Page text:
While the fit remains to be figured out, I do like Wallace’s potential. He has a good athletic profile and he was productive for one of the nation’s best college football programs. Wallace was voted captain by his Tigers teammates and he seems to be a high energy guy. He was flapping his arms at the end of his Philly media conference call and he’s already been very actively embracing Eagles fans on Twitter.
Wallace has a chance to immediately contribute on defense as a role player but that might not be as likely as some think. There are a number of veterans ahead of him in Jalen Mills, Will Parks, Nickell Robey-Coleman, and Cre’Von LeBlanc. But all of those guys are also only signed through 2020 so Wallace could easily see a bigger role in 2021.
My grade: B+
Driscoll has experience playing at left guard and right tackle so he brings some versatility to the table. He also told Philly reporters that he was training at center during the pre-draft process.
The Eagles are officially listing Driscoll at tackle but there’s thought that his lacking size and arm length could necessitate a move to the interior offensive line.
Watching a little film on our pick Driscoll. He could possibly be a solid depth piece. He doesn’t create much movement at the point of contact in the run game and likes to lead with his outside hand in protection a little too much for my liking but we’ll see.— Tra Thomas (@72TraThomas) April 25, 2020
Driscoll boasts good athleticism so maybe Jeff Stoutland can mold him into a starting guard one day. Or at least a solid backup. Offensive line depth is always a nice thing to have.
My grade: B-
The Eagles needed to leave this year’s draft with more than just one receiver. Preferably, they would’ve addressed the position with at least two of their three top picks. But at least they did add some more talent on Day 3, starting with Hightower.
Hightower’s 4.43 speed doesn’t qualify him as an elite burner but he’s still plenty fast. His 17.6 yards per reception mark at Boise State shows he’s a big play threat. Hightower also logged 24 rushing attempts for 317 yards (13.2 average) and two scores. Encouraging to see more emphasis on speed and big play ability.
As an added bonus:
John Hightower, the best WR that not enough people talk about.— Blogging The Boys (@BloggingTheBoys) February 28, 2020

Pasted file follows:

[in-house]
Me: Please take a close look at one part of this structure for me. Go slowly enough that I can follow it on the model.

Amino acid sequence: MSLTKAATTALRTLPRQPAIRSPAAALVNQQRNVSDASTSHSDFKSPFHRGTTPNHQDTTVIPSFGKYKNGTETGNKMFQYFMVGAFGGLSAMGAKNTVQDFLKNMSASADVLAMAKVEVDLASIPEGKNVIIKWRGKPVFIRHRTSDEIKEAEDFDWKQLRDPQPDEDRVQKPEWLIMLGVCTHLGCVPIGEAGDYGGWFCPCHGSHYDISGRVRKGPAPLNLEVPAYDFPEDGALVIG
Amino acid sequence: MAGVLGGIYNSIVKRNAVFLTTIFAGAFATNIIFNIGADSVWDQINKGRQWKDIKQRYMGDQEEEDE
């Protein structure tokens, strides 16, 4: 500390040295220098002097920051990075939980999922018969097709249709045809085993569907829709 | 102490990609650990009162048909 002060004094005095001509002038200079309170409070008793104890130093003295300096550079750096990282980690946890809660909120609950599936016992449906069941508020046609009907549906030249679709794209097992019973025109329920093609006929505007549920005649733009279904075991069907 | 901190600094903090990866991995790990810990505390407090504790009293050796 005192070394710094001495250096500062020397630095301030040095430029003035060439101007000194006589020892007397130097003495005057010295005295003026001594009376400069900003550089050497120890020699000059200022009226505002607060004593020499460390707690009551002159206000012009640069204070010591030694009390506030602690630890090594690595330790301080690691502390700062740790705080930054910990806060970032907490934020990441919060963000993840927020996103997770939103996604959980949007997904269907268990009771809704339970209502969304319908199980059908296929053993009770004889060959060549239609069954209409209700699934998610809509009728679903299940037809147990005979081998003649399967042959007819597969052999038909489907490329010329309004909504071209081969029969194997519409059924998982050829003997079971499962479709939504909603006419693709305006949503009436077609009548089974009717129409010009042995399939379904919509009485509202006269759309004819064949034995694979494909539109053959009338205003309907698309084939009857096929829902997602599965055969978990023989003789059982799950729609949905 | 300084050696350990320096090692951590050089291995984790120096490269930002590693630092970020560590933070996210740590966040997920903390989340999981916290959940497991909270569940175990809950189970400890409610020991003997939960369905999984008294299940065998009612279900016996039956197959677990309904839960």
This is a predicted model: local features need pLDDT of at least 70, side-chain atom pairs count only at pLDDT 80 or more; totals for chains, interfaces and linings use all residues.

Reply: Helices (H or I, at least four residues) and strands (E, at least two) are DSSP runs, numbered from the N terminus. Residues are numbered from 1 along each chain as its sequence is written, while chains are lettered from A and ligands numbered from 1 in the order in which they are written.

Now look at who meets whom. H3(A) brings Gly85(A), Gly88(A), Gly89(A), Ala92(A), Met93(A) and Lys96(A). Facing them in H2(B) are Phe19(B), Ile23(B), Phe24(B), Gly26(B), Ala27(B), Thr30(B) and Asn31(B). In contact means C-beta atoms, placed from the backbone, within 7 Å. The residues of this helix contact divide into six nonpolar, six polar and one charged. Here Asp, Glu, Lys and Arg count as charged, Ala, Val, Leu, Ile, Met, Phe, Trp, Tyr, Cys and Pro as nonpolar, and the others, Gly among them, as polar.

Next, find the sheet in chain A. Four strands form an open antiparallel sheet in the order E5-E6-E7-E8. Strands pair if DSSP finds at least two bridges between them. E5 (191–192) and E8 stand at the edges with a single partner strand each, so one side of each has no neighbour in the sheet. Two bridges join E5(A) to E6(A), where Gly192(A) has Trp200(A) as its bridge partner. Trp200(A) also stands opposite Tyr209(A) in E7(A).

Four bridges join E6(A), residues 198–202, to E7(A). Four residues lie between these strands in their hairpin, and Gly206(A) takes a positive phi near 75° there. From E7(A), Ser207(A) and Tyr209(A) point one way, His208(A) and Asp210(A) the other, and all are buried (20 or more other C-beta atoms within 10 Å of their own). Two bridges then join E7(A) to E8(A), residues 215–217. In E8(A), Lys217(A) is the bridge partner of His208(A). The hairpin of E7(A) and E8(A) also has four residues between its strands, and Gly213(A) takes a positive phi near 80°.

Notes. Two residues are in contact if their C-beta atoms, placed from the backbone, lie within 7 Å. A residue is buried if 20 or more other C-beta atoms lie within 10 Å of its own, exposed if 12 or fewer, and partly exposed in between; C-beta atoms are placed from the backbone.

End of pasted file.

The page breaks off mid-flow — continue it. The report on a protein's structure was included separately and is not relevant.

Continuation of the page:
The scouting report on Hightower is that he needs to get stronger and he’s not the best at tacking the ball or winning at the catch point. He’s also on the older side for a prospect as he turns 24 in a few weeks. To put that into perspective, 2017 undrafted rookie free agent signing Greg Ward is currently 24.
My grade: B-
(Not to be confused with former 76ers bust Shawn Bradley.)
Bradley has the potential to be an early fan favorite given that he’s a Southr Jersey native who attended Temple. BGN’s Michael Kist and BGN emeritus Dan Klausner are both already on the Bradley train and not because of the local angle.
Bradley is undersized but he’s very fast and athletic (you seeing a trend here?). He might be more of an ideal backup and special teams contibutor than a starter.
The Eagles didn’t just enter the draft thin at linebacker in the short-term. They also had a long-term need at the position with Nathan Gerry, Duke Riley, Alex Singleton, and Jatavis Brown all scheduled to be free agents after the 2020 season. There was sense to double-dipping at linebacker with Taylor and Bradley.
My grade: B-
BGN grades the pick:
As if acquiring Reagor and Hightower and Goodwin wasn’t enough, the Eagles added EVEN MORE SPEED by drafting Watkins. This is a guy with 4.35 speed.
He’s on the smaller side at 6-0, 185 pounds but Watkins does hav long arms and he tested as an above average leaper.
Realistically, Watkins might just be another Shelton Gibson. He’s going to have to earn his spot on the roster. He likely won’t see the field in 2020.
My grade: B-
PRINCE TEGA WANOGHO
PTW has an interesting background. Do read this story about his journey from Nigeria to the United States.
PTW was projected to go higher than he was selected. NFL.com’s Lance Zierlein, for example, had the Auburn left tackle as a third- or fourth-round pick. He likely fell due to the combination of his lack of extensive football experience and a lingering knee injury. Perhaps his medicals didn’t turn up so great.
But at this late in the draft, it was worth taking a chance on PTW. This pick reminds me of the Jordan Mailata selection, although PTW is obviously more advanced than the Australian was.